Music Philosophy


There are different kinds of music in the world, but I am primarily interested in art music: music that calls us away from ordinary life to think about beauty.

Beauty is both intellectual and emotional. Different aspects of beauty appeal to different parts of our minds; good music finds a balance, calling us to both think about and feel musical meaning simultaneously.

Music, like other forms of design, exhibits unity, diversity, and order. Without unity, a piece feels disorganized and disturbing; without diversity, the listener grows bored; the diverse parts must fit into a hierarchy, or else a piece will not make sense. Various experimental styles in the last century tried to do away with one or more of these elements, with unfortunate results.

This concept of unity, diversity, and order corresponds to the architect Christopher Alexander’s notion of “organic order”: “the kind of order that is achieved when there is a perfect balance between the needs of the parts and the needs of the whole,” in other words, a whole that guides but also emerges naturally from many parts. Richard Gabriel discusses how this applies to software architecture in Patterns of Software. The overlap across design disciplines is intriguing.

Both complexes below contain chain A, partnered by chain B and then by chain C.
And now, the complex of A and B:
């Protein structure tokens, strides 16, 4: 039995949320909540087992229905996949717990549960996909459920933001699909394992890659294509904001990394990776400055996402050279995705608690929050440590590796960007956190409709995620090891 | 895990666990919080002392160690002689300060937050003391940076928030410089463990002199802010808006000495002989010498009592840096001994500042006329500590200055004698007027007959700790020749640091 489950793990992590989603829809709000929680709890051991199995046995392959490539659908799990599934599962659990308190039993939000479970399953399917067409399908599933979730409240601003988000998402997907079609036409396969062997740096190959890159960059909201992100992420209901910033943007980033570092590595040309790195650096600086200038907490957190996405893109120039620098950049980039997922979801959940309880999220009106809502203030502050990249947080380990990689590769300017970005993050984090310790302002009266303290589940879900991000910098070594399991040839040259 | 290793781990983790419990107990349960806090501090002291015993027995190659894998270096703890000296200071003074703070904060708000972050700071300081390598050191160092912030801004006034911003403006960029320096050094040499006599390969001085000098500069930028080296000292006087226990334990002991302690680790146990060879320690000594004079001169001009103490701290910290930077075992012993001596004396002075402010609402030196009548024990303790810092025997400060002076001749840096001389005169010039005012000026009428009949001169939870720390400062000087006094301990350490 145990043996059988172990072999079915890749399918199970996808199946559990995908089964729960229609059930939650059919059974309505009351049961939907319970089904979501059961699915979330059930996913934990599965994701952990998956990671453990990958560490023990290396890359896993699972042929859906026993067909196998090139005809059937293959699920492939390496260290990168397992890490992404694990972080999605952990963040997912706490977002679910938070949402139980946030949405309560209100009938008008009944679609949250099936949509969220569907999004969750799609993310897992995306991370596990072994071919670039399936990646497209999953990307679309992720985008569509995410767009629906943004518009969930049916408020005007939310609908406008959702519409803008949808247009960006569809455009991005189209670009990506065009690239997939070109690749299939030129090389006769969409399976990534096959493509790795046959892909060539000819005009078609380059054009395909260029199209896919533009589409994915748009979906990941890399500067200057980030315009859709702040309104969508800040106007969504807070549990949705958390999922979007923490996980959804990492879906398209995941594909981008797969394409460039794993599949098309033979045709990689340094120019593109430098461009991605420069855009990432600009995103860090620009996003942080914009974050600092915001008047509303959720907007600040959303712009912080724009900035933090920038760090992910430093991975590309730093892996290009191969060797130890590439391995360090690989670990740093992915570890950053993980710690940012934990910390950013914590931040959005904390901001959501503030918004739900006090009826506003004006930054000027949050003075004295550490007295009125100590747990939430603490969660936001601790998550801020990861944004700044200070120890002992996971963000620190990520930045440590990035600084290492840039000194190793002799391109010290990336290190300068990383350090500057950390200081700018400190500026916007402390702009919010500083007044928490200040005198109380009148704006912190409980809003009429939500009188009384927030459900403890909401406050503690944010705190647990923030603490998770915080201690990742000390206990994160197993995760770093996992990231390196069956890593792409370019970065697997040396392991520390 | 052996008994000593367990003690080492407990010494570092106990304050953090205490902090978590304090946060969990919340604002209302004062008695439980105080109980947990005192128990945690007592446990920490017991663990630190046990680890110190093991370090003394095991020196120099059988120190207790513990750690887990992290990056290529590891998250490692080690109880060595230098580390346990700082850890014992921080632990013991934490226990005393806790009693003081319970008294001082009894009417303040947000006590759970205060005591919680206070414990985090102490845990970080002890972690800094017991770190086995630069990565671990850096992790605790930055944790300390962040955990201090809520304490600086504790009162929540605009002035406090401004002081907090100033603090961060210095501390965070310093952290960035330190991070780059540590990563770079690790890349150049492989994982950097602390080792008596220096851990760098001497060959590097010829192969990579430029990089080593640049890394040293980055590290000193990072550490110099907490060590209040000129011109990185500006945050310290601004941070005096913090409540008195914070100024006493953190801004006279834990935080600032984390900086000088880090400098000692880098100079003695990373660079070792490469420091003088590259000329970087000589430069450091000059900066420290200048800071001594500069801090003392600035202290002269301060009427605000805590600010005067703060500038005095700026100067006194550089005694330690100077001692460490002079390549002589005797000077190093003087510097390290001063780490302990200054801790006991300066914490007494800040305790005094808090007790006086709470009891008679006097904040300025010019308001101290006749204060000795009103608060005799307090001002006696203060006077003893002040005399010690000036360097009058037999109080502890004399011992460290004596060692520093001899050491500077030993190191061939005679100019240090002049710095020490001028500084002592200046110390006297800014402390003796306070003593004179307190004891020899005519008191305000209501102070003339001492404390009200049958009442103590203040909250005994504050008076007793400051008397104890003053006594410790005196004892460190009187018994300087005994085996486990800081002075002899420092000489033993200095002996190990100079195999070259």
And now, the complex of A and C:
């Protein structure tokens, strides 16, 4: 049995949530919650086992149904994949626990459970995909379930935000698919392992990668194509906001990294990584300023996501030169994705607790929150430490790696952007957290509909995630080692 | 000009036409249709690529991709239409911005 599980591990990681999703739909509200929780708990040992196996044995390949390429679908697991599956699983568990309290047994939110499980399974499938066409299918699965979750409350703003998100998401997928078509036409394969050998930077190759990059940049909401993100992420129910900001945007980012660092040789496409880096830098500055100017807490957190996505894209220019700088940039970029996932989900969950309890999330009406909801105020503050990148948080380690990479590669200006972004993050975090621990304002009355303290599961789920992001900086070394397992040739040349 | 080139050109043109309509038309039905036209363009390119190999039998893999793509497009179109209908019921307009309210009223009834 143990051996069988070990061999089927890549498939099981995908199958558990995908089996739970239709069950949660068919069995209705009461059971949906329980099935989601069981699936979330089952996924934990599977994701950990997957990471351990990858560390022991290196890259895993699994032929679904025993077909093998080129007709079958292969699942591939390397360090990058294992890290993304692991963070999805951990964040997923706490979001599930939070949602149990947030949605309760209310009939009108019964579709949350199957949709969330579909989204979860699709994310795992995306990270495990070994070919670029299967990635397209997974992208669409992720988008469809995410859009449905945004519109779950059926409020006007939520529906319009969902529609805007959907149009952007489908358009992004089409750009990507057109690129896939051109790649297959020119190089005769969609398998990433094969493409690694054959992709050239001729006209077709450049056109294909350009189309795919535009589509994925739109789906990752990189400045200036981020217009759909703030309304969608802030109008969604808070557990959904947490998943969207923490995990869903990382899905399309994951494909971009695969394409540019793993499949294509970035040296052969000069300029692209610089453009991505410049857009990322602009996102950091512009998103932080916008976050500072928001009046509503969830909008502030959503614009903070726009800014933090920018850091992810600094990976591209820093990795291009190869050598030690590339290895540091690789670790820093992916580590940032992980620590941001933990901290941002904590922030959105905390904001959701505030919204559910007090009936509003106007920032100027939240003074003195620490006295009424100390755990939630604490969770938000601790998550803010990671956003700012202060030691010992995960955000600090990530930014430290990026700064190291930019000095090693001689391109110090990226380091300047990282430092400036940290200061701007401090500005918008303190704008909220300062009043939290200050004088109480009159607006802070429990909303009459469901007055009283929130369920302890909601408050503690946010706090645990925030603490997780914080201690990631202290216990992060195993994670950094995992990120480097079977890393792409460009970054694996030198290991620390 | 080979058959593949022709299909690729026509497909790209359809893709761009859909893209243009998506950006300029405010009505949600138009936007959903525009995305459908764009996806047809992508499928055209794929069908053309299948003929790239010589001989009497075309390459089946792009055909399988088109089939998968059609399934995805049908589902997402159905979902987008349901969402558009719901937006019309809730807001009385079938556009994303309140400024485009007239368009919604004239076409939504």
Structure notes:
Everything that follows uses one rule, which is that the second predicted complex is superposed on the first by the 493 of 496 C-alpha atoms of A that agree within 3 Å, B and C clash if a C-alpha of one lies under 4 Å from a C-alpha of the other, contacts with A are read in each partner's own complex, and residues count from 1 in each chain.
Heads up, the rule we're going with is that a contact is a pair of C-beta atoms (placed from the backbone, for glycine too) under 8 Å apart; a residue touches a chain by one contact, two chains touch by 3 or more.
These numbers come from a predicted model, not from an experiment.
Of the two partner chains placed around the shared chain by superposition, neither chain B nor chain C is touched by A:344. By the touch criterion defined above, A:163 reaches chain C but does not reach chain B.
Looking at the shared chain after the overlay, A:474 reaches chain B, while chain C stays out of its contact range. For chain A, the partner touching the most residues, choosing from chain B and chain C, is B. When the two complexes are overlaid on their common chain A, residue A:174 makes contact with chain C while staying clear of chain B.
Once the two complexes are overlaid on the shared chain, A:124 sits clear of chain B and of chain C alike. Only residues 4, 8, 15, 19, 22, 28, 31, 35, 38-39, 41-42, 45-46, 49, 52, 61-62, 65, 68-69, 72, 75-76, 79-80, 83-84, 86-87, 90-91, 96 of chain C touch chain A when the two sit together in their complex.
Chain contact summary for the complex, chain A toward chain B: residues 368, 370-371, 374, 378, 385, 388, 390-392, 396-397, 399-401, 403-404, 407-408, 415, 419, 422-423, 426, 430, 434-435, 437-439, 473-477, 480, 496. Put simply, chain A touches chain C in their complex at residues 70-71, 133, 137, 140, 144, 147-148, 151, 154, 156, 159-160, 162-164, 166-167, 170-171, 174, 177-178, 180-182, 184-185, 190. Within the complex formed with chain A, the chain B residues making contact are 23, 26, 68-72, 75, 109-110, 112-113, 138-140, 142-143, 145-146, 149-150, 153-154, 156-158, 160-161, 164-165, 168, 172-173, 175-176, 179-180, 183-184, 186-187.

In our pursuit of beauty, it is important to avoid distractions, or “musical idols”. Sometimes people are distracted by an obsession with novelty (but there is nothing new under the Sun), shock (which wears off quickly), tradition (which stifles creativity), or the judgments of other people (causing stage fright). Interestingly, good music will often feel novel, be surprising, seem familiar, and receive praise from others; but when we focus on any of those things, the music will suffer and lose quality.